Northern Ireland Plunges Toward New Crisis as Brexit ApproachesBy
Brokenshire says ‘clock ticking’ on moves to avert election
Northern Ireland secretary wants energy program investigated
Northern Ireland Secretary James Brokenshire warned that the political crisis enveloping the region is likely to trigger fresh elections, as the province’s power-sharing government heads toward collapse.
Deputy First Minister Martin McGuinness resigned on Monday after First Minister Arlene Foster refused to step aside pending an investigation into how the cost of a subsidized energy program spiraled out of control. The first minister and deputy first minister effectively jointly lead the region’s assembly, and neither position can exist without the other.
“An early election looks highly likely, ” Brokenshire, the U.K. government minister responsible for the province, told the House of Commons in London on Tuesday. While he said he’s exploring avenues to avert an election, the “clock is ticking” on finding a solution.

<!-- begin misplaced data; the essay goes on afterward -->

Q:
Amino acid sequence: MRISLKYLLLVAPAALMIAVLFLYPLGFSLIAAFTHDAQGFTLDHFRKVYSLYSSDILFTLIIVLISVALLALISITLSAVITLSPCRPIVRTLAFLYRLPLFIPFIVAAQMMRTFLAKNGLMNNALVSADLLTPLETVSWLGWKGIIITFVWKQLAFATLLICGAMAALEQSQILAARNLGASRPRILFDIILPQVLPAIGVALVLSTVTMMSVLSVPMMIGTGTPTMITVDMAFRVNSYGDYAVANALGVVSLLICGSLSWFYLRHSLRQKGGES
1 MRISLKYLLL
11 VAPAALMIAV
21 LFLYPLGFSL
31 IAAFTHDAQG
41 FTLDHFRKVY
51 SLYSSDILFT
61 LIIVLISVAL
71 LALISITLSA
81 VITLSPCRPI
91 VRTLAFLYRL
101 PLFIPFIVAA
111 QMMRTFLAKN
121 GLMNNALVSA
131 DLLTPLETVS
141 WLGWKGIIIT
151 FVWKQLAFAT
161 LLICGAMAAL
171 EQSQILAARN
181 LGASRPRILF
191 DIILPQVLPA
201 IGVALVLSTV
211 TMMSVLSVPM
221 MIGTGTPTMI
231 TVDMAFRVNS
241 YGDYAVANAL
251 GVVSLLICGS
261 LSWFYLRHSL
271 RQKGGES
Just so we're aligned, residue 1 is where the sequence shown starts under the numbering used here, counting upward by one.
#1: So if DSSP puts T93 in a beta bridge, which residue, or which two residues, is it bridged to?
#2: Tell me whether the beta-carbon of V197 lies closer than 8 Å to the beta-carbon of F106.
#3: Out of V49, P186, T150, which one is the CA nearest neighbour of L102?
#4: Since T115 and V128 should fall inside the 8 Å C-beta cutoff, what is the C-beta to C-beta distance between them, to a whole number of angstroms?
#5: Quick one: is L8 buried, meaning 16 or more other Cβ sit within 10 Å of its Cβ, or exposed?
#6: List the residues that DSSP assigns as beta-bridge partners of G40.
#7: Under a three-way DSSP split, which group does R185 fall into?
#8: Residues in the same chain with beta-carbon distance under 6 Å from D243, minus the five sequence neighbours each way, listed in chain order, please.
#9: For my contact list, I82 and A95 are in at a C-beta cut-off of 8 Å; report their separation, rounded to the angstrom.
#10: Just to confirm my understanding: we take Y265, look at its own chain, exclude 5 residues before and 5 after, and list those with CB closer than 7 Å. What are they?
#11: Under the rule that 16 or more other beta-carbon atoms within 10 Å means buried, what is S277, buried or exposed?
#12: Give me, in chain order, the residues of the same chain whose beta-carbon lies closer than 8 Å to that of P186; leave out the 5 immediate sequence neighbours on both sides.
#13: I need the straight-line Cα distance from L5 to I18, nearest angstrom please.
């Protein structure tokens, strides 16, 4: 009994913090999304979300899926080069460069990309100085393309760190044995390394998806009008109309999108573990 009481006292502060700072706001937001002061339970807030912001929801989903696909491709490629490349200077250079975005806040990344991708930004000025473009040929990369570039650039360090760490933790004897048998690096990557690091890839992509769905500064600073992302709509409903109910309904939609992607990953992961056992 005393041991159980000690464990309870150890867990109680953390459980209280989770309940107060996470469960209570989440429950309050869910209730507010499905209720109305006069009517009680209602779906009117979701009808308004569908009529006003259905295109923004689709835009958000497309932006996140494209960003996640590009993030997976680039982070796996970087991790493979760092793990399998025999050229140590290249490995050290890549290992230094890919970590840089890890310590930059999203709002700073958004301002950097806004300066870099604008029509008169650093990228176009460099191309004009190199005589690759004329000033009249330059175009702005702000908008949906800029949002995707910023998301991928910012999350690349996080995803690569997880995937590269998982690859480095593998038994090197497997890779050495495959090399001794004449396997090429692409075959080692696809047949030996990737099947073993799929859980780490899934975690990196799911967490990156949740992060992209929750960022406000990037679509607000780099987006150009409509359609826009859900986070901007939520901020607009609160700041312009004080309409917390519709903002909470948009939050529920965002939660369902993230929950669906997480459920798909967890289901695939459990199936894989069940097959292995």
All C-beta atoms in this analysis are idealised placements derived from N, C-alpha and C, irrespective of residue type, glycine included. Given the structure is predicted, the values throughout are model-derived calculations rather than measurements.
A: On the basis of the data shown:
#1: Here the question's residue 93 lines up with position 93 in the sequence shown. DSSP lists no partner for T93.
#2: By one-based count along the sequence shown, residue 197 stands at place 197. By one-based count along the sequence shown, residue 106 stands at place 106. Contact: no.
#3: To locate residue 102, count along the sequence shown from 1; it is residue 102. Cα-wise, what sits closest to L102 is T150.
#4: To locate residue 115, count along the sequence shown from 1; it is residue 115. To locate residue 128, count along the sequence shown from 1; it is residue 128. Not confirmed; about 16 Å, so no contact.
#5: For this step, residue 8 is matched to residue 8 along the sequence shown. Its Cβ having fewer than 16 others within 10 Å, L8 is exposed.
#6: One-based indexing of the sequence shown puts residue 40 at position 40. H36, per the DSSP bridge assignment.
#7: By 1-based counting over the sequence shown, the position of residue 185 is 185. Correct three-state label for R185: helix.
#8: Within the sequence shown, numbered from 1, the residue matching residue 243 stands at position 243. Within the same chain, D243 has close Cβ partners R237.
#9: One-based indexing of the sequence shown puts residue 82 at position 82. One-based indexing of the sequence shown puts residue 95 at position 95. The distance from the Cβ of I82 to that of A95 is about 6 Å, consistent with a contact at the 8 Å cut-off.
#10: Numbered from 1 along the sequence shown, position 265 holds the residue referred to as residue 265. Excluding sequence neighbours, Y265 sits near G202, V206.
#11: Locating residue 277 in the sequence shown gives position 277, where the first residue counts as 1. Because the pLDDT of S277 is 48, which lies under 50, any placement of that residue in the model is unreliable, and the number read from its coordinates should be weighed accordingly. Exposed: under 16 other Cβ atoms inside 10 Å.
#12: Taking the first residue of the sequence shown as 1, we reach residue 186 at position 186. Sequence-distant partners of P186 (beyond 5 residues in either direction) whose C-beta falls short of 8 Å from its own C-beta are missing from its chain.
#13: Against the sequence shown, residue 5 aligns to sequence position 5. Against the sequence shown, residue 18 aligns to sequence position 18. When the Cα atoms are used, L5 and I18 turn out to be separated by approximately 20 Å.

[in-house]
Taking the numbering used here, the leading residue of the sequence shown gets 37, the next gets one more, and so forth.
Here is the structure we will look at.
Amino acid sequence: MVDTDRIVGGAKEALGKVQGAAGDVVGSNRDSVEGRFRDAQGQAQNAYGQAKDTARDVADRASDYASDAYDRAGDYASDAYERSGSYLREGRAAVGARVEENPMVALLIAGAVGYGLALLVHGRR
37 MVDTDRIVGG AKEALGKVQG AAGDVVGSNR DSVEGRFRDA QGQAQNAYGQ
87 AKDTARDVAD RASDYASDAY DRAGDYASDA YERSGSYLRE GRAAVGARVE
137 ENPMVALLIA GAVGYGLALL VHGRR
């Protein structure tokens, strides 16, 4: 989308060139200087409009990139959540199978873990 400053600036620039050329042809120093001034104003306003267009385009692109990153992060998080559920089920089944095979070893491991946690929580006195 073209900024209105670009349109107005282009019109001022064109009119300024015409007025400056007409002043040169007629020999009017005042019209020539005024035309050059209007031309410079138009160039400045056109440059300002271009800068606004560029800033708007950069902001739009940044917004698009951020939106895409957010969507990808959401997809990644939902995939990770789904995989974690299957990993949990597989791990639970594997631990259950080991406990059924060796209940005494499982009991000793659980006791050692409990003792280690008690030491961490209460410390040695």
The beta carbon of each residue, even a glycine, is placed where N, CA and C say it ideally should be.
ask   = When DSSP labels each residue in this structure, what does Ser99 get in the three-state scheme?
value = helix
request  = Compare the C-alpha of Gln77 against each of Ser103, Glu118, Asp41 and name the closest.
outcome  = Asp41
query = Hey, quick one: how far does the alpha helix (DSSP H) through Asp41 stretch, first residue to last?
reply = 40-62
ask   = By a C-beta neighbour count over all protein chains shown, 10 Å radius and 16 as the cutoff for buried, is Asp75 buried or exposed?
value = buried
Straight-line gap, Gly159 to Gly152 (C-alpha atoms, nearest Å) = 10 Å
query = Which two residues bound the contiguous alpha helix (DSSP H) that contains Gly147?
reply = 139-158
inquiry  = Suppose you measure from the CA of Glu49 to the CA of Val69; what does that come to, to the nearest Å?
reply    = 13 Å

The collapse of the Northern Irish assembly would add to U.K. Prime Minister Theresa May’s headaches. Foster’s Democratic Unionist Party supported Brexit, while Sinn Fein lobbied for a vote to remain in the EU and now wants the region, like Scotland, to be granted special status in the talks to leave. A bitter election campaign is likely to harden divisions over Brexit.
As Foster sought to calm Brexit concerns, she was drawn into a controversy that has come to be known as “cash-for-ash.” She oversaw the introduction of the Renewable Heat Initiative, which was initially estimated to cost around 660 million pounds ($800 million) over its life. That estimate has surged to more than 1 billion pounds, the BBC reported. Foster has said she did nothing wrong.
Brokenshire said the failure to cap the subsidy left it open to “serious abuse” and called for an investigation into the program.